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I've previously talked about factors during pregnancy and parturition (child birth) in relation to autism as per posts like this one from quite a while back and all that newer stuff from initiatives like CHARGE. Combined with investigations examining everything from season of birth to birth weight to birth order, there is quite a bit of peer-reviewed literature on this area with autism in mind.
Having said all that, I don't want to give any false impression that there are any hard and fast rules about in-utero or birth factors being linked to autism, because there aren't. Indeed, it's all even further complicated by lots of other conditions potentially being linked also to pregnancy and birth and a flurry of speculation.
Nevertheless, there are some interesting points raised by each of the articles presented today which are worthy of discussion. So in turn:
The Langridge paper:
- Open-access so please do have a look at it for yourself. A huge data mining study examining the "total population data sets of children diagnosed with ID and ASD in Western Australia (WA)" between 1984 and 1999 (included among N=383,153) to see if there were any links between "maternal conditions and perinatal factors for all WA children subsequently diagnosed with ASD, with or without ID, and children with varying severity of ID, and compare findings to the rest of the birth cohort of unaffected children". Lots of description of the population and how autism and intellectual disability (ID) were ascertained. Also how this huge dataset were analysed.
- Results: yes, quite a few depending on how the data were modelled and what background characteristics were controlled for. Notably suggesting that those diagnosed with an ID were more likely to have experienced some episode or event in their earliest days when compared with those diagnosed with an ASD. I'll leave you to pick out the associations but there were some interesting findings related to gestational diabetes, threatened abortion before 20 weeks and pregnancy hypertension.
- Soundbite: "small head circumference was associated with reduced risk of ASD" bearing in mind head size and autism is a complicated area.
- Another soundbite: "These findings support the concept that ID and ASD may lie on a continuum, as opposed to being different clinical entities, and may explain why there are various ID subtypes of ASD (i.e. ASD with and without ID)". I can't fault their logic. Perhaps another addition to the spectral model of behaviour and psychiatry since that is the direction things seem to be heading these days.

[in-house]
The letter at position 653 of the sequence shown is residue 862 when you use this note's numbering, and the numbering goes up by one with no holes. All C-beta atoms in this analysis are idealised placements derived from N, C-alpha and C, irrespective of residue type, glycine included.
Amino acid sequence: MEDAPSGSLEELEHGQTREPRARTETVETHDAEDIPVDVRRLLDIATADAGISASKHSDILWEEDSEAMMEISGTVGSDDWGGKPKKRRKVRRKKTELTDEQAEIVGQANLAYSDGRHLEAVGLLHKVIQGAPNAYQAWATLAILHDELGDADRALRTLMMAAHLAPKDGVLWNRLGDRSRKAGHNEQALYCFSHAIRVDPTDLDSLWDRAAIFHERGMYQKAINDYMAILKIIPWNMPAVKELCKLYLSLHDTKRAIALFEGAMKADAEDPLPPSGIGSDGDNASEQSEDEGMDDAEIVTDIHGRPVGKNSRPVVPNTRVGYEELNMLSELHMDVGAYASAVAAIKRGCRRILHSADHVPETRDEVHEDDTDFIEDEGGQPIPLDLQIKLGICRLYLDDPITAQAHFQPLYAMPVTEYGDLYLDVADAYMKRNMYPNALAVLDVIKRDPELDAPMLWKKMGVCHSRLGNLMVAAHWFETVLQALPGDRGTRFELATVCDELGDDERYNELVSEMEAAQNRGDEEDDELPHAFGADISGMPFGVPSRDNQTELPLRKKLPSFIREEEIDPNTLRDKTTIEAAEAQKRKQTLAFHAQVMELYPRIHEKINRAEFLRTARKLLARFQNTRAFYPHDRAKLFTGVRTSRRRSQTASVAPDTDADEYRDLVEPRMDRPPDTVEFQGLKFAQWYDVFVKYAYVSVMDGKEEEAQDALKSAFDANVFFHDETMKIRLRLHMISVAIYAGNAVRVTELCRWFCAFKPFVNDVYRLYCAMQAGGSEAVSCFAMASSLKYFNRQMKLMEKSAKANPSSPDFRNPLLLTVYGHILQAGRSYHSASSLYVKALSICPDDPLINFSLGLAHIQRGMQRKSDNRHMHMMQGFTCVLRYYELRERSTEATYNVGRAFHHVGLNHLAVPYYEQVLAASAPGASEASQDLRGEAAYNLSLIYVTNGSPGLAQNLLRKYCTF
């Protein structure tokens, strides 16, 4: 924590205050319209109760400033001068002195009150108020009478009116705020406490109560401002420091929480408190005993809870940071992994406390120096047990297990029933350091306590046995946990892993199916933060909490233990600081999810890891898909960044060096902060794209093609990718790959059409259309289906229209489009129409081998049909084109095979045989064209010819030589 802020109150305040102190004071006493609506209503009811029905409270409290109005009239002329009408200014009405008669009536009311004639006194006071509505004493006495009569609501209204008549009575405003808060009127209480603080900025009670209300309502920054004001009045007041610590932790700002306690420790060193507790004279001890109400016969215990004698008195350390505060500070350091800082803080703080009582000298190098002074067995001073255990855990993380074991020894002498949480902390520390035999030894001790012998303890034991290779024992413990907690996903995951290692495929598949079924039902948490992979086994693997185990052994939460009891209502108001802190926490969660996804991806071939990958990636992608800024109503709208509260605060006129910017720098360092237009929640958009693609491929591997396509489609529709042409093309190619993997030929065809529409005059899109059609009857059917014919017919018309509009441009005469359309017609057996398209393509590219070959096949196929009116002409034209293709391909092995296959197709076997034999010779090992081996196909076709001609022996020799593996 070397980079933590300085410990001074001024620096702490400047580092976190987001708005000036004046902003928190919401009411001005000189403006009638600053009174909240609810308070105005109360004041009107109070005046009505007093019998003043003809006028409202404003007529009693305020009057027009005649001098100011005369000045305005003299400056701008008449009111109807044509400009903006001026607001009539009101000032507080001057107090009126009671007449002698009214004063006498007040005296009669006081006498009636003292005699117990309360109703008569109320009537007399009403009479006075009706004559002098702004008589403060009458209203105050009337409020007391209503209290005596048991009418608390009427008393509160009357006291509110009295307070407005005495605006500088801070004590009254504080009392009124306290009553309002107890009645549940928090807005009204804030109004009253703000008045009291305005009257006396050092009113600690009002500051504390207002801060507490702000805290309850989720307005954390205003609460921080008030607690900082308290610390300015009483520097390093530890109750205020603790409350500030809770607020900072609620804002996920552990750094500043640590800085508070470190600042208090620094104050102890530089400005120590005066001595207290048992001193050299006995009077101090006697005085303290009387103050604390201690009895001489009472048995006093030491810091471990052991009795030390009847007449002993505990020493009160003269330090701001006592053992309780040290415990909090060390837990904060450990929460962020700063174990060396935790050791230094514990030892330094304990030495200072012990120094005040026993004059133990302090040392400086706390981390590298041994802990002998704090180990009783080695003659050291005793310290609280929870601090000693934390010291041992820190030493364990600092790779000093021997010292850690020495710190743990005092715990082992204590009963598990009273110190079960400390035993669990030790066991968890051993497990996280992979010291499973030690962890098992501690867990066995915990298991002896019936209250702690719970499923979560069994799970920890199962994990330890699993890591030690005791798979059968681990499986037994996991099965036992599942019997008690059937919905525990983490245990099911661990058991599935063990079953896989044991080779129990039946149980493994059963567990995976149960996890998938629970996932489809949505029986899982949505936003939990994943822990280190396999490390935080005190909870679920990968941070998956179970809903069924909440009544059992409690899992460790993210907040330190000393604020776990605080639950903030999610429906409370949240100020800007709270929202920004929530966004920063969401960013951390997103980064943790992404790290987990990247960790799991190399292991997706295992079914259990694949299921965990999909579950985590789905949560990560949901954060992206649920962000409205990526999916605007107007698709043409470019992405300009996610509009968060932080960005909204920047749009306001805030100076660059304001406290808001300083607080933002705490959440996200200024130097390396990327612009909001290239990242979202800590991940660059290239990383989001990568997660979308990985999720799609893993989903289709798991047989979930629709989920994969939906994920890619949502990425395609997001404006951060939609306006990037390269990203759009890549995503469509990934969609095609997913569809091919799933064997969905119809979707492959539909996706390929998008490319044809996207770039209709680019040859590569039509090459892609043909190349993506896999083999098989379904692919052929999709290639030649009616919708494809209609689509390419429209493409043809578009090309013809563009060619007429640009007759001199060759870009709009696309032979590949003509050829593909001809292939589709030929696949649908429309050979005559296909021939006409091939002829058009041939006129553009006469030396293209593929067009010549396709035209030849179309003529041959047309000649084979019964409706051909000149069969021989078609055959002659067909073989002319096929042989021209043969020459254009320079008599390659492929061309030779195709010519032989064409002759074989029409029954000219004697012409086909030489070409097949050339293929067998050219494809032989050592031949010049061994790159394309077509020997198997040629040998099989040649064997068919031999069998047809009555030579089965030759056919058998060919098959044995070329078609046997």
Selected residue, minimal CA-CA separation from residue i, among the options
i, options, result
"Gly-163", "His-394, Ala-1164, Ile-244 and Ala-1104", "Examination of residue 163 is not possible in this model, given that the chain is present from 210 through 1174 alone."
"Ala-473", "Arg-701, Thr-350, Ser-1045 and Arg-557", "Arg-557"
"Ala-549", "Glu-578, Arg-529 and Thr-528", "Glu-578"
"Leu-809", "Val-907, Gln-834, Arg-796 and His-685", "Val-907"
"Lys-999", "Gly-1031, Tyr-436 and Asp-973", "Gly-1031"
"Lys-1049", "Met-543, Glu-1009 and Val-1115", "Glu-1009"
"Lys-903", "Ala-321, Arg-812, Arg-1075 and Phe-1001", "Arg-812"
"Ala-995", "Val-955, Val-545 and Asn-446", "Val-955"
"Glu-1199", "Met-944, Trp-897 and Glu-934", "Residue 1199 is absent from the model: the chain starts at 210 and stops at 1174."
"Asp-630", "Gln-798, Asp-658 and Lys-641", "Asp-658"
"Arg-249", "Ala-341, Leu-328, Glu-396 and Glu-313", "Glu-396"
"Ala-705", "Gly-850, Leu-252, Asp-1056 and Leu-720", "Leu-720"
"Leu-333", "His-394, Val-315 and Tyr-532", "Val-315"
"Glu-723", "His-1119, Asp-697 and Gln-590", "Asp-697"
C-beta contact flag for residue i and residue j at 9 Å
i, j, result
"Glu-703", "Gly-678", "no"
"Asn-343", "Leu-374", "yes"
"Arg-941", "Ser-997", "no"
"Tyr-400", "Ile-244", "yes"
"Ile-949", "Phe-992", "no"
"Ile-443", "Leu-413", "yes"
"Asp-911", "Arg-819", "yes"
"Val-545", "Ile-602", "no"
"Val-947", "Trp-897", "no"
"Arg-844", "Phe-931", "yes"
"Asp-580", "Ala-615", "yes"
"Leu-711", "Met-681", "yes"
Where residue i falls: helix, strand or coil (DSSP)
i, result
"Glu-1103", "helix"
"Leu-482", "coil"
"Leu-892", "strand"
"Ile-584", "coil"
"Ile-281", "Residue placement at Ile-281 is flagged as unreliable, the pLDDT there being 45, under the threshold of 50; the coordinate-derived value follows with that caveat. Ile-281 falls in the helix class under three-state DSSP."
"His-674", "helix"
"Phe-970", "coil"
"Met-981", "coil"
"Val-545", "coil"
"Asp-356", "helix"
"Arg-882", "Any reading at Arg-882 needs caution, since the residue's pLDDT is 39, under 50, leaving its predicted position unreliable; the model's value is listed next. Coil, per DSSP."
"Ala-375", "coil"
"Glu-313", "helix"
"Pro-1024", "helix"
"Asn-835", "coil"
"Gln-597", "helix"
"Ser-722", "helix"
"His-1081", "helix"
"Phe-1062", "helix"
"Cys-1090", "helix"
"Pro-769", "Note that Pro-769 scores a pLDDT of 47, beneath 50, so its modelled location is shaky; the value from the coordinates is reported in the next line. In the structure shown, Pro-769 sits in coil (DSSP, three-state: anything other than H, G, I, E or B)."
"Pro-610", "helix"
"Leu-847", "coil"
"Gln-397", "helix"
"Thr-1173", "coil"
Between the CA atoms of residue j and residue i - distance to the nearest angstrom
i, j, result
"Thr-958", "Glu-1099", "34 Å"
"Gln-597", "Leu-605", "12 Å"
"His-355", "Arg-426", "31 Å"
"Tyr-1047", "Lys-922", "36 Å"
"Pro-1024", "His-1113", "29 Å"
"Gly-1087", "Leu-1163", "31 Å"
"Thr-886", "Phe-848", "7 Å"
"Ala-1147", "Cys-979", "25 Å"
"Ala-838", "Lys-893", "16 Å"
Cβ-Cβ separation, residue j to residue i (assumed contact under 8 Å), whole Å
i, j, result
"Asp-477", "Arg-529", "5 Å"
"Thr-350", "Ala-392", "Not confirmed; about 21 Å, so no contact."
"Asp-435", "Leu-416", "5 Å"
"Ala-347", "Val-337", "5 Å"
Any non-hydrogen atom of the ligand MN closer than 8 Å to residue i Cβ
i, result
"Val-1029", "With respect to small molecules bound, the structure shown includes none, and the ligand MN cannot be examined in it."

The Lehti paper examined IVF (In vitro fertilisation) and...
- A very organised paper which bluntly asked: "Does IVF increase the risk of autism spectrum disorders (ASDs)?"
- Another very big participant group (autism: n=4164, matched controls: n=16,582); all born in Finland.
- Result: "This study showed no increased risk of ASDs in children born after IVF" as per other studies in this general area.
- But... and it is a but, the connection in particular between IVF and boys with Asperger syndrome (AS) might need to be looked at with greater assiduity. Having said that, any study had better be done sooner rather than later since AS as an independent diagnostic entity is due to be phased into ASD in the latest DSM revision in May (2013). Please note: this does not mean that people will lose their AS diagnosis though.
Combined, these papers add quite a bit to the literature on birth factors in relation to autism bearing in mind risk is risk and not proof. Although events in-utero and during childbirth have always been on the autism research radar, I am noting a renewed interest in all things early development with autism in mind in recent years as per areas like maternal immune activation and autism risk (think Paul Patterson and mice) and some continued interest in the environment (think pollution and correlation for a start). The suggestion that the placenta for example may play a "potent role in autism risk" represents quite an exciting research opportunity, mirroring research on other health-related conditions. Thin-fat body anyone?
* Langridge A. et al. Maternal conditions and perinatal characteristics associated with autism spectrum disorder and intellectual disability. PLoS ONE. 2013; 8: e50963.
** Lehti V. et al. Autism spectrum disorders in IVF children: a national case-control study in Finland. Hum Reprod. 2013 Jan 4.
Amanda T. Langridge, Emma J. Glasson, Natasha Nassar, Peter Jacoby, Craig Pennell, Ronald Hagan, Jenny Bourke, Helen Leonard, & Fiona J. Stanley (2013). Maternal Conditions and Perinatal Characteristics Associated with Autism Spectrum Disorder and Intellectual Disability PLoS ONE : 10.1371/journal.pone.0050963
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